Immigrants can bring a wide range of experience to the U.S. workplace, and it is important for businesses to comply with employment requirements for these workers.
There are several requirements of which business owners should be aware. First, it’s important to ensure the employee is authorized to work in the United States, usually through a work visa. The employer will need to verify the worker’s employment eligibility, their identity and fill out an I-9 form. They must keep accurate and complete records regarding work authorization.
If the employee requires sponsorship, it means that the employer will take responsibility for showing evidence that the employee’s skills and labor are needed. The employer may be required to report changes in employment status to immigration authorities.
The employer must follow all labor laws as well, like paying the employee at least the minimum wage and having safe working conditions. Also, employers cannot discriminate against applicants or employees based on their immigration status.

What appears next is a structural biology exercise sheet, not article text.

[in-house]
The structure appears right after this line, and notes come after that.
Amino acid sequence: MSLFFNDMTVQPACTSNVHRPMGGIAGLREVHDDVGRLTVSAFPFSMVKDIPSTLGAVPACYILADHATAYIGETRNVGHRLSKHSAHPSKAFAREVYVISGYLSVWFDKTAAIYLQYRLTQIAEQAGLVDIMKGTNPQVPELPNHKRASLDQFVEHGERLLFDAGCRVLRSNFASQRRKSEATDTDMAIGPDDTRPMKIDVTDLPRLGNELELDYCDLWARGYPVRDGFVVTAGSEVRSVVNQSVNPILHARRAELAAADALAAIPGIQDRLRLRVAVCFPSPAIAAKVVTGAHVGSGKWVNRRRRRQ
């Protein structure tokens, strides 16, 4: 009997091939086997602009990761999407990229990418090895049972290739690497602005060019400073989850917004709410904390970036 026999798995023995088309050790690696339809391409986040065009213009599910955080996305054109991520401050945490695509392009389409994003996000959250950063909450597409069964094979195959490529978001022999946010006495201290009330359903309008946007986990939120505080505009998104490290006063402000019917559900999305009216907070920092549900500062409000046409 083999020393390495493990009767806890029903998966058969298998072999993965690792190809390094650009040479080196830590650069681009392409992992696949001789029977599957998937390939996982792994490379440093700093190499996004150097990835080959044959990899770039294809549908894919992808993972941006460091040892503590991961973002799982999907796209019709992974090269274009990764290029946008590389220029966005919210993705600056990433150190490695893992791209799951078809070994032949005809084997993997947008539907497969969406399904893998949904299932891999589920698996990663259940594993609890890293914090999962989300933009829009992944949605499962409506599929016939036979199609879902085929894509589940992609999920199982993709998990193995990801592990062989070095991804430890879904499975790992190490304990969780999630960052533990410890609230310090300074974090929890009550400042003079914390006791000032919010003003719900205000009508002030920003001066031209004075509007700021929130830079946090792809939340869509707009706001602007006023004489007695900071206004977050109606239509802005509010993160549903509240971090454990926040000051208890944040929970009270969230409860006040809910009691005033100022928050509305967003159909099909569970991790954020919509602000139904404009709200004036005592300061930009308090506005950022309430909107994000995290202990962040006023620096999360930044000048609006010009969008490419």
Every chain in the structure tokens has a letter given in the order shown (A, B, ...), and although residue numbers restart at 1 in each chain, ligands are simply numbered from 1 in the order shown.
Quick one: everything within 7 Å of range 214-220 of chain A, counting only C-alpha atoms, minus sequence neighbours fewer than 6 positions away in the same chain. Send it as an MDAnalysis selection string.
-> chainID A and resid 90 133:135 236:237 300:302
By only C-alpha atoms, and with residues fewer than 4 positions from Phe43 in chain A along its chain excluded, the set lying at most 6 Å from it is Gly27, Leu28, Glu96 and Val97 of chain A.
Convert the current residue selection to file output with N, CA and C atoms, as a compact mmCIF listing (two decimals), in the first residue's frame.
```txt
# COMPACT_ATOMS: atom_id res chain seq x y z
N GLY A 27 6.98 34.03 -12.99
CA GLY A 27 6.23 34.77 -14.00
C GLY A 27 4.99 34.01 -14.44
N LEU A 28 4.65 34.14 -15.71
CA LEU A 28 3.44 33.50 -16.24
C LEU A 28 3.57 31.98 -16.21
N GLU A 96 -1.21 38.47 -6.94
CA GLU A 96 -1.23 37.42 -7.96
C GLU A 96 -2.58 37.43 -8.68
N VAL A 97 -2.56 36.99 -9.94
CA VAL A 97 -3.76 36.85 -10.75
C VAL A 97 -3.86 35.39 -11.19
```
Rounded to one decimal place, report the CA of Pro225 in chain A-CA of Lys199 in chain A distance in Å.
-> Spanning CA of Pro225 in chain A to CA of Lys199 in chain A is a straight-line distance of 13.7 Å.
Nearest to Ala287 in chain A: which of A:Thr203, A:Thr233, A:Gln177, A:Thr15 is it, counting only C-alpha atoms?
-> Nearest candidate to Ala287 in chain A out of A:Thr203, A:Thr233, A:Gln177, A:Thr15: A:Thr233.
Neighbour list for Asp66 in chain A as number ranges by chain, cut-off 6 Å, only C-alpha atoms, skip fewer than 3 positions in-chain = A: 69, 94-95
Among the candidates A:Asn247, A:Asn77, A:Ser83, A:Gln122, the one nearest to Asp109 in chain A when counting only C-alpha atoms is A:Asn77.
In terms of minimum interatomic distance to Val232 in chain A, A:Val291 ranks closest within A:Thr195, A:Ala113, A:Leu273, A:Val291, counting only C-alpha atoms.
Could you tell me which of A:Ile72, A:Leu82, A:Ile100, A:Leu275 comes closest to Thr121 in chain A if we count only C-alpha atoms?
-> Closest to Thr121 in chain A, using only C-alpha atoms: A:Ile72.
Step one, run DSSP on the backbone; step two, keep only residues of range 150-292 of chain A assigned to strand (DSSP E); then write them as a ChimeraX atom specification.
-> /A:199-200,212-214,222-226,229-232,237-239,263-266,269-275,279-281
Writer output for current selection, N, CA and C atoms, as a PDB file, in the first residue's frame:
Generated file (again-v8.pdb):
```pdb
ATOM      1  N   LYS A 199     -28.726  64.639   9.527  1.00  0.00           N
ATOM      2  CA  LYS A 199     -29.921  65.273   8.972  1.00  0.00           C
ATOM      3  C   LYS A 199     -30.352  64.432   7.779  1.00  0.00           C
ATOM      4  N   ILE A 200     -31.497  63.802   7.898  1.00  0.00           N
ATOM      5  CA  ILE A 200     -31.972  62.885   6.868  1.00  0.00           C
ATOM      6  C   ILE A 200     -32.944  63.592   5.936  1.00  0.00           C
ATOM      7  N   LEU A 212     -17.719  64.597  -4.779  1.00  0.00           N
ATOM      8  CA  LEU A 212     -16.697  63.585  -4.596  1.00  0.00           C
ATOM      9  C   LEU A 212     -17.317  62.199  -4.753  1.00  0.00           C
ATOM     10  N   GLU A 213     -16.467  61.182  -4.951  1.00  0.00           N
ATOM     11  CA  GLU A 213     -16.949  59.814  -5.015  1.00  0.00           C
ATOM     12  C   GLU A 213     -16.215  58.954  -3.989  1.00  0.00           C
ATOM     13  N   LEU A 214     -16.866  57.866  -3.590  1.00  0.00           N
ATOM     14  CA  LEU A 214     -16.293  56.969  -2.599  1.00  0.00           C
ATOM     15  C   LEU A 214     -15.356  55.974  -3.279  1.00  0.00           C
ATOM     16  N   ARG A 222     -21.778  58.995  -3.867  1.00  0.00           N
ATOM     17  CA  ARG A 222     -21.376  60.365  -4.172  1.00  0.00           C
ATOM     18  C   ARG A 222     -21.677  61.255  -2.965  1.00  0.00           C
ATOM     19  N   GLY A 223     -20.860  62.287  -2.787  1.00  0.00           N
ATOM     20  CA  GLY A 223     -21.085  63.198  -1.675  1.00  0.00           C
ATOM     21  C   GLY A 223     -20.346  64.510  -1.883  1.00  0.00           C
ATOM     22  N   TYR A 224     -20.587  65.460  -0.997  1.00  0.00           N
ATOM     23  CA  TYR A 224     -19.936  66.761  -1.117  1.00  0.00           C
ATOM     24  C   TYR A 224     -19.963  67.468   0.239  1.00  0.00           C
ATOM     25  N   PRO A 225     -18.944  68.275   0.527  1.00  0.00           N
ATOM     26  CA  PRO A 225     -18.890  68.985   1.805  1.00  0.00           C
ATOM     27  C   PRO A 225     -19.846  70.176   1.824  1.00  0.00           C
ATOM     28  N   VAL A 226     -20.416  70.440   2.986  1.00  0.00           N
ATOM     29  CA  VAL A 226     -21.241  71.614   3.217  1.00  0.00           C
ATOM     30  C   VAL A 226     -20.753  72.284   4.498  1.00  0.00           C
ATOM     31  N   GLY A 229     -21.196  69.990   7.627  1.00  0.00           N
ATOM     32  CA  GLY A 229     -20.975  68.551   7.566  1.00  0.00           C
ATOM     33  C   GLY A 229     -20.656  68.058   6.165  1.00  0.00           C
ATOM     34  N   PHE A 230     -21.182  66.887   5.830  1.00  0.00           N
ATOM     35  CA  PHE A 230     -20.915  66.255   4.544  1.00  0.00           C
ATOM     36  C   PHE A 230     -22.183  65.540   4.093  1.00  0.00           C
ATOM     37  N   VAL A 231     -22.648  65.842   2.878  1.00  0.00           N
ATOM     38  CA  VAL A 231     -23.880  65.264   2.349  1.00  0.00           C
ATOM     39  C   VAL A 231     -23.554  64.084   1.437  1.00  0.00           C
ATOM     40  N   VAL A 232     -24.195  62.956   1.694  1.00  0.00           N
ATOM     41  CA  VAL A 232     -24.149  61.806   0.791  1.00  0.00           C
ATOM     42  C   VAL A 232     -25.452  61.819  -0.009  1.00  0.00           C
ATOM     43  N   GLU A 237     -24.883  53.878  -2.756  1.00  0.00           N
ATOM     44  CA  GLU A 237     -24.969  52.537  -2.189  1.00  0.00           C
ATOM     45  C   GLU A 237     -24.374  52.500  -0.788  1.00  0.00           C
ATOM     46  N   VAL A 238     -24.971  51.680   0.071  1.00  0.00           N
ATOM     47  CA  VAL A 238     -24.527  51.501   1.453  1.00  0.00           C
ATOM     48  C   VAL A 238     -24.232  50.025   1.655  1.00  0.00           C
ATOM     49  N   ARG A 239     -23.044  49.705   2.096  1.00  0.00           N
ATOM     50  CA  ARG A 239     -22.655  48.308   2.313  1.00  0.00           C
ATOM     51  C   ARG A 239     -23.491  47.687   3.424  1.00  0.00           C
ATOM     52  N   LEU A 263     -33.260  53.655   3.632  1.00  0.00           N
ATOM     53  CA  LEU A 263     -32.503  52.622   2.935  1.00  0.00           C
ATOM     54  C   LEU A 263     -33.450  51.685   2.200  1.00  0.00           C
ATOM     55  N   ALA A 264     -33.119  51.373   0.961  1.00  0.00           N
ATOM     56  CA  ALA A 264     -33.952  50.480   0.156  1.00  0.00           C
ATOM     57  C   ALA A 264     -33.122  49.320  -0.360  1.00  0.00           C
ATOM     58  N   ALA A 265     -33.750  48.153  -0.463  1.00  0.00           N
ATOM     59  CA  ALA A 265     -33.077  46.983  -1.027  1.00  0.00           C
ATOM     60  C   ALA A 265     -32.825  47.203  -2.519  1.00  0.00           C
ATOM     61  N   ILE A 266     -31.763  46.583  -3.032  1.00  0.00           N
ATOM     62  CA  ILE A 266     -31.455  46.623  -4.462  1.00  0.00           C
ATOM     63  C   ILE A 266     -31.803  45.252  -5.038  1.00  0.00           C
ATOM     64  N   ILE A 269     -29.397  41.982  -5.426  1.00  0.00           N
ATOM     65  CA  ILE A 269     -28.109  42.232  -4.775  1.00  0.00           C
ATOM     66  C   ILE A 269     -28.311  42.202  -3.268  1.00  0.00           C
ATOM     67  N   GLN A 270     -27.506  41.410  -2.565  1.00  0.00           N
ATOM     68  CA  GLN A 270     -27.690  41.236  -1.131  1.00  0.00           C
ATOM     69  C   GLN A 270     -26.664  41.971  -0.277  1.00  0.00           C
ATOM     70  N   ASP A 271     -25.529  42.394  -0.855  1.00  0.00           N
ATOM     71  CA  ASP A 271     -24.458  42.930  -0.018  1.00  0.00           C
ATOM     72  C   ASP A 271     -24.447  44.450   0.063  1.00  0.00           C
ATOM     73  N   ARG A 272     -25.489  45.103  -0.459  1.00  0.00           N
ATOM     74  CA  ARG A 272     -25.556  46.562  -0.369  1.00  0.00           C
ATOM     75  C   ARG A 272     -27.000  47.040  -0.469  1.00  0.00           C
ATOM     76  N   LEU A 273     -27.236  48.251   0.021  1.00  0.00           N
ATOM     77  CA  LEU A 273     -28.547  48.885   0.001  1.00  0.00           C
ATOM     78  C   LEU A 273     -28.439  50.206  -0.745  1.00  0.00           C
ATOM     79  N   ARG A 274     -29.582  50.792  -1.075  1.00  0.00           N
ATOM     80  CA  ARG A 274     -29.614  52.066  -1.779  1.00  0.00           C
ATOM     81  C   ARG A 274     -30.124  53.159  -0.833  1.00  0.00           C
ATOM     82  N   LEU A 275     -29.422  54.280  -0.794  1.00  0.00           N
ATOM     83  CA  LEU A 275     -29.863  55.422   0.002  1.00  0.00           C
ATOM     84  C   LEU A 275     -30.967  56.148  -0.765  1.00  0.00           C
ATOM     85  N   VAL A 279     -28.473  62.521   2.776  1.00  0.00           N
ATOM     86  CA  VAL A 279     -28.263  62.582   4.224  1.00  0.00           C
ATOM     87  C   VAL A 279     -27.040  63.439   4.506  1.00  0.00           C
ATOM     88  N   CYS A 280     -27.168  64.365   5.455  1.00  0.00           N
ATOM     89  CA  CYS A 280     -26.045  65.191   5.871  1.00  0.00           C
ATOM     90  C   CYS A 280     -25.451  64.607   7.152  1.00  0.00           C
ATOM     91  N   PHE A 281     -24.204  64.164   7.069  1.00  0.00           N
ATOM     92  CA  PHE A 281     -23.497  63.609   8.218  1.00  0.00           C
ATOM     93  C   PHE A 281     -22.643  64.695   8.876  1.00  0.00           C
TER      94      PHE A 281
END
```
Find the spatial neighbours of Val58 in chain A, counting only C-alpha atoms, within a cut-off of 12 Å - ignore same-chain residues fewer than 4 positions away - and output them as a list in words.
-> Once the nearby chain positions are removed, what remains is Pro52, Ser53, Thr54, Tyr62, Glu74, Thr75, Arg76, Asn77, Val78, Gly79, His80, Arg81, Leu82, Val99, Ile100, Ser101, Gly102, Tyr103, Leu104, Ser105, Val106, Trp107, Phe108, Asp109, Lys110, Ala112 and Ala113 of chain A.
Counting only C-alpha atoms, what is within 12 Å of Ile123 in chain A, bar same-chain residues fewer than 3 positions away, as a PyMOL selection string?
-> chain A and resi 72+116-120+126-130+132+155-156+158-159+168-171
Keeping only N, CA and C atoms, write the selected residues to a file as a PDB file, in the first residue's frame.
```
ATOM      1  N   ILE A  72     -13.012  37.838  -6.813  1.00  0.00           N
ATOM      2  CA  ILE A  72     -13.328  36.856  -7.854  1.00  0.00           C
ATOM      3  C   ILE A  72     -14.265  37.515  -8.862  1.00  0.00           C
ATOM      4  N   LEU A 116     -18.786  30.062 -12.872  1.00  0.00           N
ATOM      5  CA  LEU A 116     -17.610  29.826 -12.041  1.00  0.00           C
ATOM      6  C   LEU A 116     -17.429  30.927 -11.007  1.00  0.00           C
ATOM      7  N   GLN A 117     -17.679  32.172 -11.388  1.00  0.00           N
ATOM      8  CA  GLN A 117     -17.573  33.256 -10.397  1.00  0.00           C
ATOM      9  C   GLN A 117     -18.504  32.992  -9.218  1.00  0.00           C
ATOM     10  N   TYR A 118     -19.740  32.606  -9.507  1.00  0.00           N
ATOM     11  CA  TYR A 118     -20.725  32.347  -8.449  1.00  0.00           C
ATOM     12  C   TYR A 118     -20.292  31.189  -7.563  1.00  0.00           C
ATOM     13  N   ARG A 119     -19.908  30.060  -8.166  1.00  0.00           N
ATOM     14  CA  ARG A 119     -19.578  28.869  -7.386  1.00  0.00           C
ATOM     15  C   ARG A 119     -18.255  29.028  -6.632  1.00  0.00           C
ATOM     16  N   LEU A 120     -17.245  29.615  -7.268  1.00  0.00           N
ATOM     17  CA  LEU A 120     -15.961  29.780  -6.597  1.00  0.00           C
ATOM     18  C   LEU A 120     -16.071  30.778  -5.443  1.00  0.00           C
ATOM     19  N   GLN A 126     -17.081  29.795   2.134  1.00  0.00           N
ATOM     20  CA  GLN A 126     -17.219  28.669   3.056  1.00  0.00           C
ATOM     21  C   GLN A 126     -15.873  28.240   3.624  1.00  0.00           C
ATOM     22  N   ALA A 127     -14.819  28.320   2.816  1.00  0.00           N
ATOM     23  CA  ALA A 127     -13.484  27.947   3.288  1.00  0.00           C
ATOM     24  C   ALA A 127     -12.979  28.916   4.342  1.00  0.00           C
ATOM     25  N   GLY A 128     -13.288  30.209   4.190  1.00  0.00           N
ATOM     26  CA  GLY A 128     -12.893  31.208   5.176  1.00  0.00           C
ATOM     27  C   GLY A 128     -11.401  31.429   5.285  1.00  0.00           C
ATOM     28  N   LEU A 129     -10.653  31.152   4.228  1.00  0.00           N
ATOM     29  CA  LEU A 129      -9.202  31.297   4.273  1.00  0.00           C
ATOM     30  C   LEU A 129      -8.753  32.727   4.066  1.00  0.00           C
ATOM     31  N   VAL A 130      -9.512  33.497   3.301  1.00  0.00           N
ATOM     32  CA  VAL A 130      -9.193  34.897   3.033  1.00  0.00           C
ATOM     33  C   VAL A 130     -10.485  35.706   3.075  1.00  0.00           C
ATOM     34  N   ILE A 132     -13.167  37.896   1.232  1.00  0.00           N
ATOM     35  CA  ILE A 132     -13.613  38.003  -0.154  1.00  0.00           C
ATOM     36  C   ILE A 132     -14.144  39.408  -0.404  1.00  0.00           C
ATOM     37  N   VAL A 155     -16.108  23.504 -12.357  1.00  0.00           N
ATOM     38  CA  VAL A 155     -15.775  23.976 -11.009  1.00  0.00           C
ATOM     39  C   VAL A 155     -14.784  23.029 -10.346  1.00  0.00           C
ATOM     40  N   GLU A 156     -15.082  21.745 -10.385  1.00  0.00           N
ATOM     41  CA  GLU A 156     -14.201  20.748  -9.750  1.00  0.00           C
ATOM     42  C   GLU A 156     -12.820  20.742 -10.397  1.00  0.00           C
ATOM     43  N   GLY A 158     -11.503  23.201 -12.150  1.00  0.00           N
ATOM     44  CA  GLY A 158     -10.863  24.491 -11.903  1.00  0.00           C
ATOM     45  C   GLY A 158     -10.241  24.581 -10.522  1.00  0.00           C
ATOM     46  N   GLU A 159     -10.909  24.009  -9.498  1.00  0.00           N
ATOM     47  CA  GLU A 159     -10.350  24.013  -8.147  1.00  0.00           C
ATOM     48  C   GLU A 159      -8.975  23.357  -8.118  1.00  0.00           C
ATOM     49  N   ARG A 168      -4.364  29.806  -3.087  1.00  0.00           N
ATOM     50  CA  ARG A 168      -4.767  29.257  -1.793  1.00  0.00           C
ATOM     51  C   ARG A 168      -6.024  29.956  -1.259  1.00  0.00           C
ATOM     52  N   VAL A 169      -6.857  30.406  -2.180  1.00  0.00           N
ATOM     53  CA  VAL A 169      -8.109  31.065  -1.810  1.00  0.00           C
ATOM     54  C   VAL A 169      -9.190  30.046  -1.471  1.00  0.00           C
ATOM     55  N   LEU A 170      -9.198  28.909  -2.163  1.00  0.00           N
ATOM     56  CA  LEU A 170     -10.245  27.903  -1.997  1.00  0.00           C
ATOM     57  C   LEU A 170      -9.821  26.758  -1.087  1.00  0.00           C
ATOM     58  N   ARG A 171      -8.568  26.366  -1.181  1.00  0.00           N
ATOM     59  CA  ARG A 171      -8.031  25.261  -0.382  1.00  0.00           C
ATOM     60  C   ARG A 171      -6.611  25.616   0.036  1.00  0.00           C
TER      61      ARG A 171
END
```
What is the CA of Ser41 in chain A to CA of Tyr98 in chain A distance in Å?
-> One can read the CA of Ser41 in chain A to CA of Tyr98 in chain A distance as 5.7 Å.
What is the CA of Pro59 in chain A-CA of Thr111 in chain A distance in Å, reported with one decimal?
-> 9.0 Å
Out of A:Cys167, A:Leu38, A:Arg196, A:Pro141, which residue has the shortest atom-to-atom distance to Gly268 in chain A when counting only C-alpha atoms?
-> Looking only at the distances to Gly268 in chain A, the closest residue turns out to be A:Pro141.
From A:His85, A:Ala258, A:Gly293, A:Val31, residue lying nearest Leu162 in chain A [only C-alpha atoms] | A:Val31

Impact of non-compliance
If an employer does not comply with immigration employment requirements, they can face consequences. They may be subject to fines and penalties, civil and criminal charges and they may lose the privilege of sponsoring foreign workers in the future.
In situations where the employer has repeated violations, the business may receive an injunction or restraining order or may be prohibited from participating in government contracts, for example.
If the public is aware of the business’s immigration violations, it can negatively affect their reputation in the community.
If a business needs advice to ensure they are complying with immigration employment rules, there is assistance available.